What is something you would go back and tell yourself at the beginning of your homeschooling journey?

When Multiplication Doesn’t Click (And a Free Worksheet)

When AJ was younger we tried everything to help her memorize her multiplication facts! We tried games, songs, and charts, but nothing worked. Someone suggested that we should put a chart up and let her use it as much as she needed. That backfired big time! She started using the chart for everything, even two and three times tables that she had known for a long time. Then I had her copy the multiplication chart everyday, and that didn’t help. She used apps on the Kindle, flashcards, and so many other things.  She would know them one day and the next she would forget them all. It was frustrating to both of us. My kid who loved math just couldn’t or wouldn’t memorize the multiplication facts! I taught her tricks to them, but they just didn’t stick.

We struggled with multiplication, finally she memorized them all on her own! (plus a free worksheet)

Finally, one day I decided that I didn’t care if she memorized her multiplication facts. Maybe that makes me a horrible teacher, but really I was over basic multiplication! She understood the concept, and both of us were ready to move on in math.

The next day I took down the charts and I told her that she didn’t have to memorize her multiplication facts! You would have thought that I gave her a hundred dollars. She was excited. Until, I told her the rest. She didn’t have to memorize her multiplication facts, but she did have to get her math done. We were moving on to a new topic and it involved multiplication. As long as she could get the correct answer, and understood the concept, I didn’t care how she got the answer.

The next topic was decimals. Multiplying with decimals to be exact. She was thrilled to learn something new, and I was beyond happy to move forward with our studies. She understood how to do the problems, but then it was time to do the workbook page. She became upset because her multiplication chart was gone and she didn’t know all of the facts. I told her she would have to add, subtract, count, or do what ever she needed to in order to figure out the problems. She would have to use the facts she did know along with common sense to do her math. She wasn’t in any trouble, and I wasn’t mad, but she had to figure out how to do the math.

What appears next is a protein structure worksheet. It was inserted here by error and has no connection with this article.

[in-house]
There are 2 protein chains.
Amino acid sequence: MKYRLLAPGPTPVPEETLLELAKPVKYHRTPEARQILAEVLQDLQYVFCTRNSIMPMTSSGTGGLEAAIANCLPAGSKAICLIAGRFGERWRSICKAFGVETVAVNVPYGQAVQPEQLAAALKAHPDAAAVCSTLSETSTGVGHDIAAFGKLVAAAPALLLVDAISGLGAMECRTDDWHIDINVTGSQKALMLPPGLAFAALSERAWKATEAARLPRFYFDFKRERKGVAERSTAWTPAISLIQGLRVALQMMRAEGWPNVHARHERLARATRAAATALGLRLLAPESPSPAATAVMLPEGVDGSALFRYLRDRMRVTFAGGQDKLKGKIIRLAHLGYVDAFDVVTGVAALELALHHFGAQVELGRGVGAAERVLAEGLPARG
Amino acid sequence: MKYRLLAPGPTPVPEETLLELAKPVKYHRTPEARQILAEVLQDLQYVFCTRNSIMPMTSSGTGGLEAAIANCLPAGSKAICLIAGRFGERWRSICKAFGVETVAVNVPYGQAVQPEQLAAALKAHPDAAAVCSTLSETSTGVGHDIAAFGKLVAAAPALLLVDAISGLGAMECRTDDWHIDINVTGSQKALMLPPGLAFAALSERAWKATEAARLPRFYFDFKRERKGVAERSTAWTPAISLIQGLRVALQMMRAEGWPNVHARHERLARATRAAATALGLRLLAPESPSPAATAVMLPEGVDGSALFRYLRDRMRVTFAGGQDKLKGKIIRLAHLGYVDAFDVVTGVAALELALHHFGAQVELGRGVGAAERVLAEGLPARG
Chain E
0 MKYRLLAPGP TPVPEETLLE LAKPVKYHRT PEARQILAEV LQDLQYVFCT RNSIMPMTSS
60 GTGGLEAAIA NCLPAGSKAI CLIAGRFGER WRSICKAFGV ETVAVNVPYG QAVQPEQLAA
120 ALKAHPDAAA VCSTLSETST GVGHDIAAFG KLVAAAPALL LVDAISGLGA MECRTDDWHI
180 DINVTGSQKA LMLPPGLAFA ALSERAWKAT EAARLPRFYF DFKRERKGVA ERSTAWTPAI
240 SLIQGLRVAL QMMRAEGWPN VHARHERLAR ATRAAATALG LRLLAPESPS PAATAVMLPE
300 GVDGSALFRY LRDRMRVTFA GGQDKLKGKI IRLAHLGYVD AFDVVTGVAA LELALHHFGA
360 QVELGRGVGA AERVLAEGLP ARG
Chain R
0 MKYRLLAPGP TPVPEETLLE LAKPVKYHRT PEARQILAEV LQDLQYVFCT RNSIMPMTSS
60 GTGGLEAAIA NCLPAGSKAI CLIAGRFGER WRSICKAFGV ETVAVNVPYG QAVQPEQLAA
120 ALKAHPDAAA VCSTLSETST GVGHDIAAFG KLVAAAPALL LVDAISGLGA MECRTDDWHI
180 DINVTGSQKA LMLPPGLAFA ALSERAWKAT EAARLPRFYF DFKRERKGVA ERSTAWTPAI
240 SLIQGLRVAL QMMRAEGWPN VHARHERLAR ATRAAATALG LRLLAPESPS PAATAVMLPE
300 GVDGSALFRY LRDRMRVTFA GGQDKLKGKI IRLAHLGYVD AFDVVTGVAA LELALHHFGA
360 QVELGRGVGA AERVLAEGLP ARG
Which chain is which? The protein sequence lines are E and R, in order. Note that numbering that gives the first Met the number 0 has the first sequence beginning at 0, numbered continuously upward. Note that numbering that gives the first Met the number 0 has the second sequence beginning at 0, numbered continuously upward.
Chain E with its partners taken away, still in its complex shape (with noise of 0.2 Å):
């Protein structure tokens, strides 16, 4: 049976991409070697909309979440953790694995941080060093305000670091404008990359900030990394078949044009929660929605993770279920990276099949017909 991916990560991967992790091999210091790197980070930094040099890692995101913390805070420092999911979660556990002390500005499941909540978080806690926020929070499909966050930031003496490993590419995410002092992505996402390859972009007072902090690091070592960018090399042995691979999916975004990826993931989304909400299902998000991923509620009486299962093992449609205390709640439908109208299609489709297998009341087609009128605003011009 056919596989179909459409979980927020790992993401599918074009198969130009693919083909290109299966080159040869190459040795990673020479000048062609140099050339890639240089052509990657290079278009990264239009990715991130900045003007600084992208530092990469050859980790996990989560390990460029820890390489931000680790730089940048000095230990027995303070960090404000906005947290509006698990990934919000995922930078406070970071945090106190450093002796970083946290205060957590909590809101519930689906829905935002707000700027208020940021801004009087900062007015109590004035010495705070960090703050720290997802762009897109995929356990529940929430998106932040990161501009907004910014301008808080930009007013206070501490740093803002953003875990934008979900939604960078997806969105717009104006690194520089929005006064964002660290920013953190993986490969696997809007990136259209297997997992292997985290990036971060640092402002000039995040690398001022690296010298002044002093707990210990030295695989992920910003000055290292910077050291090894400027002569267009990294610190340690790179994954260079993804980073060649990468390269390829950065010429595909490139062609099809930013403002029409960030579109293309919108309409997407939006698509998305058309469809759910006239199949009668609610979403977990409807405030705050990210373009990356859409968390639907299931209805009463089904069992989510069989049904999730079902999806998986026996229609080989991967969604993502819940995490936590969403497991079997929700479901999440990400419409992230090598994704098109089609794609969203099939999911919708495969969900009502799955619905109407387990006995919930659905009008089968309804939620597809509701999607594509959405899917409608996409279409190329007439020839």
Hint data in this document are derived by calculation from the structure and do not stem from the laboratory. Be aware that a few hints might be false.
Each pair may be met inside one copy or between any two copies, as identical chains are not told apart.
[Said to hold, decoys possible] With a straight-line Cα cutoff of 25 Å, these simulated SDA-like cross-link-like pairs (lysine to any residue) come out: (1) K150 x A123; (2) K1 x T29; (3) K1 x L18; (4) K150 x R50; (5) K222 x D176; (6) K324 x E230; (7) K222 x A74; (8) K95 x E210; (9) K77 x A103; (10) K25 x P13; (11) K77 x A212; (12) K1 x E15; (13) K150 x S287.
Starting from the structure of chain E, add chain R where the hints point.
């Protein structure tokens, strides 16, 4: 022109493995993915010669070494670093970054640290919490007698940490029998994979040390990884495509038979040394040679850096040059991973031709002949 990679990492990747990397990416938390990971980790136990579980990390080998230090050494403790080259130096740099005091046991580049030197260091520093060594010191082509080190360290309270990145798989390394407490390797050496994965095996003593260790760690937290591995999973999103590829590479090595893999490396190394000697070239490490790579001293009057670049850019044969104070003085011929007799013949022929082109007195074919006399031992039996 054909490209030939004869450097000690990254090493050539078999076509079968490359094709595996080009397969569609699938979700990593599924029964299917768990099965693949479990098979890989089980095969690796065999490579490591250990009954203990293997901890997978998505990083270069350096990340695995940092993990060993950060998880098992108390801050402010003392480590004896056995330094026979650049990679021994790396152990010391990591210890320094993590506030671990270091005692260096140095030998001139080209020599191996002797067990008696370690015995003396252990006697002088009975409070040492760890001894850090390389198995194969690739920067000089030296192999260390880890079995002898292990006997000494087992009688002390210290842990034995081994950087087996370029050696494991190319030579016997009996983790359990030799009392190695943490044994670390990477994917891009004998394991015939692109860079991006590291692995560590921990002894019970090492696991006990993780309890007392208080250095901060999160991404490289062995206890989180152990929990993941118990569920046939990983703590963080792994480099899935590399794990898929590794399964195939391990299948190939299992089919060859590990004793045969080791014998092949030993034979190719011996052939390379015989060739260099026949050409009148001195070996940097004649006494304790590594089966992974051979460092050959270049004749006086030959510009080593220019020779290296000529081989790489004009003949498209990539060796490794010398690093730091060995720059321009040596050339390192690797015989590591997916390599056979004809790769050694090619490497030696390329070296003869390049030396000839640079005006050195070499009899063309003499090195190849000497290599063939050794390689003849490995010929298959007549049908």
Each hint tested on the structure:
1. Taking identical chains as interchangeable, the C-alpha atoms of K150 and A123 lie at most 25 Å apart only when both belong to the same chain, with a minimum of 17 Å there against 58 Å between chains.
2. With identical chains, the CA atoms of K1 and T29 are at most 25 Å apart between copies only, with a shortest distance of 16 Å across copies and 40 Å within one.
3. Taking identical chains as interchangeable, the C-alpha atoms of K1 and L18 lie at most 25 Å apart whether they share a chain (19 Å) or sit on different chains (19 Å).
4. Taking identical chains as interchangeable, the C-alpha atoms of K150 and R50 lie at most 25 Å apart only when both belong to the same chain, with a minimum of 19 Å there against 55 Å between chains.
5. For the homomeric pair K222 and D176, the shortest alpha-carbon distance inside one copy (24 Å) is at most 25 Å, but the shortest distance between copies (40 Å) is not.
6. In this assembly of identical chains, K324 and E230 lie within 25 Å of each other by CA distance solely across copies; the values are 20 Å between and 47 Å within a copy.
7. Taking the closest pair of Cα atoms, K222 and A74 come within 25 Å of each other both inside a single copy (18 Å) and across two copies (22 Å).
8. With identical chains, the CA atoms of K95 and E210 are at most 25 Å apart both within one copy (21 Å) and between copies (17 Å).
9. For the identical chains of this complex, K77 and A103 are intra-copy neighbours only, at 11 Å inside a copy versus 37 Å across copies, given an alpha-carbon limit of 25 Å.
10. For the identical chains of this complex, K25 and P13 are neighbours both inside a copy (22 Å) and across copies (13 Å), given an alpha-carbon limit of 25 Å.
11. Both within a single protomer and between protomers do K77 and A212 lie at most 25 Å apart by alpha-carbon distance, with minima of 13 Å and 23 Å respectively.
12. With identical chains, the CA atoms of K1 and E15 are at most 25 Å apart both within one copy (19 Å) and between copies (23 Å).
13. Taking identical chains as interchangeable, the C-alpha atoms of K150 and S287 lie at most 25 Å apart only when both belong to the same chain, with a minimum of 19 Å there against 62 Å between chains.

I think it took her about two hours to do math that day. She sat there adding up 7 sets of 8 to get 56, and then 4 sets of 7 to get 28. Then she would use the 9 trick and subtract to get the answer to an 8 problem. It took forever! The next day was about the same. But the third day was different. Suddenly she knew a lot more facts! Her math was done in about an hour. By the beginning of the next week, she had almost every multiplication fact memorized.

Maybe she was finally ready to memorize them, or maybe figuring out the problems the long way made them click. I think it was because she finally saw a NEED to memorize them. Who wants to sit and add groups of numbers when you can just memorize the answer?

Once she had her multiplication facts memorized, math was her favorite subject again. In order to keep the math facts fresh in her brain I have her do fun worksheets that I make up to practice a few times a month. They are easy for her, but they make her think.

Here is today’s FREE Multiplication PRINTABLE

Today’s free printable is a fun math page. After answering the questions they then find the problem number and color it according to the answer of the problem. This one is a mermaid. I hope you enjoy it!

Is your child struggling with multiplication? What have you tried?

 

FREE Brain Break Cards

Grab Your Brain Break Cards - Fun Activities to do when you need a break from school work!AJ has always been one that needed to move. She stands up to eat dinner, stands to write, and moves all of the time. One thing that helped with school work was having her do activities while we did school work. She would jump on the trampoline when she practiced her spelling words, cartwheel while she was working on math facts, or walk on her balance beam while she was working on vocabulary.

Now that she is a little older and there is more writing and book work, moving around while she works isn’t always easy or possible. For the past few weeks we have been having her do different exercises throughout the day and it really seems to be helping her stay focused.